Mom with Rare Blood Disorder Adopts 3 Kids with Same Condition

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A Massachusetts mom recently spoke to People magazine about the rare genetic disease that she shares with the three daughters who she adopted from China.

Tracy Antonelli and her daughters have a blood disorder called thalassemia, which requires them to have blood transfusions to ensure that they have enough healthy red blood cells in their bodies, according to People.

Antonelli adopted her first daughter, Emmie, in 2012. When she and her husband learned that thalassemia is more common in China than it is in some other parts of the world, they decided to adopt two more girls, Rosie and Frannie. [27 Oddest Medical Cases]

But what is thalassemia?

In people with thalassemia, the body doesn't make enough hemoglobin, a molecule found in red blood cells that's responsible for carrying oxygen around the body, according to the Centers for Disease Control and Prevention (CDC). Hemoglobin is an essential part of red blood cells, and without enough of it, the cells don't function properly, and don't live as long as healthy red blood cells.

This lack of healthy red blood cells is called anemia. Anemia can cause fatigue, weakness and shortness of breath, the CDC says. In severe cases, the condition can cause organ damage and lead to death. 

People with mild forms of thalassemia may not need treatment, the Mayo Clinic says. For those with moderate forms of the disease, treatment may be needed only after a person has surgery, for example.

But when a person has severe thalassemia, that individual needs to receive blood transfusions regularly, in order to have enough healthy red blood cells, the CDC says. But red blood cells contain a lot of iron, so regular transfusions can cause the mineral to build up in the body, which can lead to organ damage. This means that people who receive regular blood transfusions may also need treatments to remove the excess iron from their bodies.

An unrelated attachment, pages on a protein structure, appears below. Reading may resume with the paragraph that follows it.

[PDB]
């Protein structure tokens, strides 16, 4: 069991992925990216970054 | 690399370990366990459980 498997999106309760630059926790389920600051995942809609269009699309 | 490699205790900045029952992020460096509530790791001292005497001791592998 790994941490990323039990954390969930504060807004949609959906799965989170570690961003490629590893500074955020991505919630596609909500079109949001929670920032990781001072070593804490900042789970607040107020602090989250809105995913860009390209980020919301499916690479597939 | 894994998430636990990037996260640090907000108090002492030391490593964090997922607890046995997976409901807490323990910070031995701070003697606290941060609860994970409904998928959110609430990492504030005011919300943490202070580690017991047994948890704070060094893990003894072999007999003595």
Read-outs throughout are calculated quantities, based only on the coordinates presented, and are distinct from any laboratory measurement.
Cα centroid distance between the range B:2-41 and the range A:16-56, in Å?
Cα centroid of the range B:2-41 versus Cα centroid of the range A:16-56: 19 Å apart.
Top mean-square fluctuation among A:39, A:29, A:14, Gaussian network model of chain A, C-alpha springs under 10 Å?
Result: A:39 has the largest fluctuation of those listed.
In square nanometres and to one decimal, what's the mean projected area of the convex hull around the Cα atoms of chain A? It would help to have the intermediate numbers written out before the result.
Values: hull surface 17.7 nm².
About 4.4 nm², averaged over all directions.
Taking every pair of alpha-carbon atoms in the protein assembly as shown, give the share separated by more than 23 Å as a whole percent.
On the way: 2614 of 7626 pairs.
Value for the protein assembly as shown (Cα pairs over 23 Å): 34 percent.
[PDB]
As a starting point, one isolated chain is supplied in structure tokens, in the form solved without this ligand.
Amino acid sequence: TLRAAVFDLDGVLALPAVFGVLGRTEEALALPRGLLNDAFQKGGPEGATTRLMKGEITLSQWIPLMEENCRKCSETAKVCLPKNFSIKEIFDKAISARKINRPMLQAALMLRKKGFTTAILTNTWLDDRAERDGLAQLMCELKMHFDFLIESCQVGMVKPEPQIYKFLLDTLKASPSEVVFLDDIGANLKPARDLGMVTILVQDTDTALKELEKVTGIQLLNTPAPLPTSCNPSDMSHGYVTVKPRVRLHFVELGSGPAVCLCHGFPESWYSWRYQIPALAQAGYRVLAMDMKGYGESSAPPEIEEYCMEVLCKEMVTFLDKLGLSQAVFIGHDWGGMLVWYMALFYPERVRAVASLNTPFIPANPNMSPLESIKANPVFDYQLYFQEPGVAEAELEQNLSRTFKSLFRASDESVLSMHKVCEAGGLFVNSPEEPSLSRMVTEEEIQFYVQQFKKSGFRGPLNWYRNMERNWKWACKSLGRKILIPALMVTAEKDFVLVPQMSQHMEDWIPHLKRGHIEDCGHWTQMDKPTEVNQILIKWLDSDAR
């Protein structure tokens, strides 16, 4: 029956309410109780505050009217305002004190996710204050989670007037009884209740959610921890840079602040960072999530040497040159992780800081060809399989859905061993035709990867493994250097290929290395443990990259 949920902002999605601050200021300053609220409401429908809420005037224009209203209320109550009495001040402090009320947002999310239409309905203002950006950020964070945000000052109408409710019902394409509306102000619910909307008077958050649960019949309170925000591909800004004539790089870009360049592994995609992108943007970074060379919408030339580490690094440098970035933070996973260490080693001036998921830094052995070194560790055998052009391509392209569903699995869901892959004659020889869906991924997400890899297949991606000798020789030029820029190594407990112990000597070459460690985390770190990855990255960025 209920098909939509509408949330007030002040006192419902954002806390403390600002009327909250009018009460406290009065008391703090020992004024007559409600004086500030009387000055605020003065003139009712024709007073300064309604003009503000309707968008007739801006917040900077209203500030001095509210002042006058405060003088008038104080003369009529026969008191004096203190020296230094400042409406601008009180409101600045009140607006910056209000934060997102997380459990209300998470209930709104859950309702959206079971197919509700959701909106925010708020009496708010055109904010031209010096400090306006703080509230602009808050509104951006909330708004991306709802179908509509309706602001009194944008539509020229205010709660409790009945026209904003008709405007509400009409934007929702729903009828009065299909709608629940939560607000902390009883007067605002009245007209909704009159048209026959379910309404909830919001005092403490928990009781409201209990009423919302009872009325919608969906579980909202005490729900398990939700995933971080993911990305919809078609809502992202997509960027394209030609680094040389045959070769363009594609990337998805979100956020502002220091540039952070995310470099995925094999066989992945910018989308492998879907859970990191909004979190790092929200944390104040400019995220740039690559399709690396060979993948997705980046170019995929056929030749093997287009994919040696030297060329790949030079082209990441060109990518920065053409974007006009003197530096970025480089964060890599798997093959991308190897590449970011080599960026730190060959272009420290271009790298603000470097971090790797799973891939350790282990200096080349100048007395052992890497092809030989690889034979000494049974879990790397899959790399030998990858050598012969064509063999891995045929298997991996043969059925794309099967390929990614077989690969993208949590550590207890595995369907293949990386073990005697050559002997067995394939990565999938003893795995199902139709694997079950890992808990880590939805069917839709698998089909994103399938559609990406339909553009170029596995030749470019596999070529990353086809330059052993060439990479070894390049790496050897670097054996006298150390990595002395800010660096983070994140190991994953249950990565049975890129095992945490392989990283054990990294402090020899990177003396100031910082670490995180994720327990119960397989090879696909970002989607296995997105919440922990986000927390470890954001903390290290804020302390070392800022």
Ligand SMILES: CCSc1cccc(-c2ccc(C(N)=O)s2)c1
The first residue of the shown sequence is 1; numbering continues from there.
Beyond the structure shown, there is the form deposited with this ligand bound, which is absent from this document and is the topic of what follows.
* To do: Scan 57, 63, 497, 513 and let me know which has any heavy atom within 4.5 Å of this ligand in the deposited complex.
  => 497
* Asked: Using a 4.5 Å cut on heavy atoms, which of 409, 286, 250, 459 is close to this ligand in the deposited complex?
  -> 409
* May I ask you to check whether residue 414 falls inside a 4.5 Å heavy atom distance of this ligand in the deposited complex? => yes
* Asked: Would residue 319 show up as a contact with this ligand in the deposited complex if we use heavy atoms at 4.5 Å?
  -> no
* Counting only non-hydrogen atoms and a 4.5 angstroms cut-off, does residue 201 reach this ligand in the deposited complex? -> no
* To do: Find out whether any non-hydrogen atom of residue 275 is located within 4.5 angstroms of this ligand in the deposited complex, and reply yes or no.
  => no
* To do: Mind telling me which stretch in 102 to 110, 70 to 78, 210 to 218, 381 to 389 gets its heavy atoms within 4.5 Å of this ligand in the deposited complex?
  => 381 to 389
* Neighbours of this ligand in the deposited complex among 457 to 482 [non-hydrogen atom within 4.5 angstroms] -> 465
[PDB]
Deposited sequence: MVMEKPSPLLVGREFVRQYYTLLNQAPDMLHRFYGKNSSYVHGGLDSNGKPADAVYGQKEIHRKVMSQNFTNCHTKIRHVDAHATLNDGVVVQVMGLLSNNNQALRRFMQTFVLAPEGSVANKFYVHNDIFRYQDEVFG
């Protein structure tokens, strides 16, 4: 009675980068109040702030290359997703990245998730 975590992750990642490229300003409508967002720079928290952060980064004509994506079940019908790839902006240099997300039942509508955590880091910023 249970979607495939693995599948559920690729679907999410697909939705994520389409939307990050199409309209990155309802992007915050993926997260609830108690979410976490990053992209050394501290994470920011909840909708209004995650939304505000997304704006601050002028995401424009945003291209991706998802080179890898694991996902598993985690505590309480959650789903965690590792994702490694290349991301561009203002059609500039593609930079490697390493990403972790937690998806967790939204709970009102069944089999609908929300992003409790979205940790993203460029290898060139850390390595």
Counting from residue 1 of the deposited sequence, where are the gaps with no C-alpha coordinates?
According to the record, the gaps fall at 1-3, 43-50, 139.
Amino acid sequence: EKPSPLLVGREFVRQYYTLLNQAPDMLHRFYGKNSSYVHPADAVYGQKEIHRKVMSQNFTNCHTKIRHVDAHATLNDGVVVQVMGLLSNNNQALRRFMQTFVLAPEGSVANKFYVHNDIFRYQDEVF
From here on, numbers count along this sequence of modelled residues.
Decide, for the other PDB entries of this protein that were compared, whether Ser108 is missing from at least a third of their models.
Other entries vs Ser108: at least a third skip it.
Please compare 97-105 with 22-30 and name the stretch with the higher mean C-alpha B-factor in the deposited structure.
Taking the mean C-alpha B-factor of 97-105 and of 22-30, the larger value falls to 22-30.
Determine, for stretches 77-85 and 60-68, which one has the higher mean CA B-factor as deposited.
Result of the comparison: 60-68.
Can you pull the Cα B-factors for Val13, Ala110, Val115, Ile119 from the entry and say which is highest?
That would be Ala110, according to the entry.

All of Antonelli's daughters have severe forms of the disease — they all needed blood transfusions three times a week, she told People.

Thalassemia is an inherited disease, meaning that it's passed down through families, according to the National Library of Medicine (NLM). People who inherit only one faulty gene (in other words, a faulty gene from only one parent) will have a milder form of the disease than those who inherit two faulty genes (one gene from each parent).

There are different types of thalassemia, depending on which part of the hemoglobin molecule is affected, the NLM says. Hemoglobin is made of two proteins: alpha globin and beta globin, and each is encoded by a different gene. People with a faulty gene for alpha globin are said to have alpha thalassemia; those with a faulty gene for beta globin have beta thalassemia.

Alpha thalassemia occurs most often in people from Southeast Asia, China, the Middle East and Africa, according to the NLM. Beta thalassemia occurs most often in people from Mediterranean countries.

Beta thalassemia is the more severe form of the disease and affects at least 1,000 people in the United States, the CDC says. Worldwide, this form is thought to affect about 1 in 100,000 people, according to the National Organization for Rare Disorders.

Antonelli has a moderate form of beta thalassemia, she said in an interview with the advocacy group The Cooley's Anemia Foundation. (Cooley's Anemia is another name for the severe type of beta thalassemia.)

Originally published on Live Science.

Sara G. Miller
Staff Writer
Sara is a staff writer for Live Science, covering health. She grew up outside of Philadelphia and studied biology at Hamilton College in upstate New York. When she's not writing, she can be found at the library, checking out a big stack of books.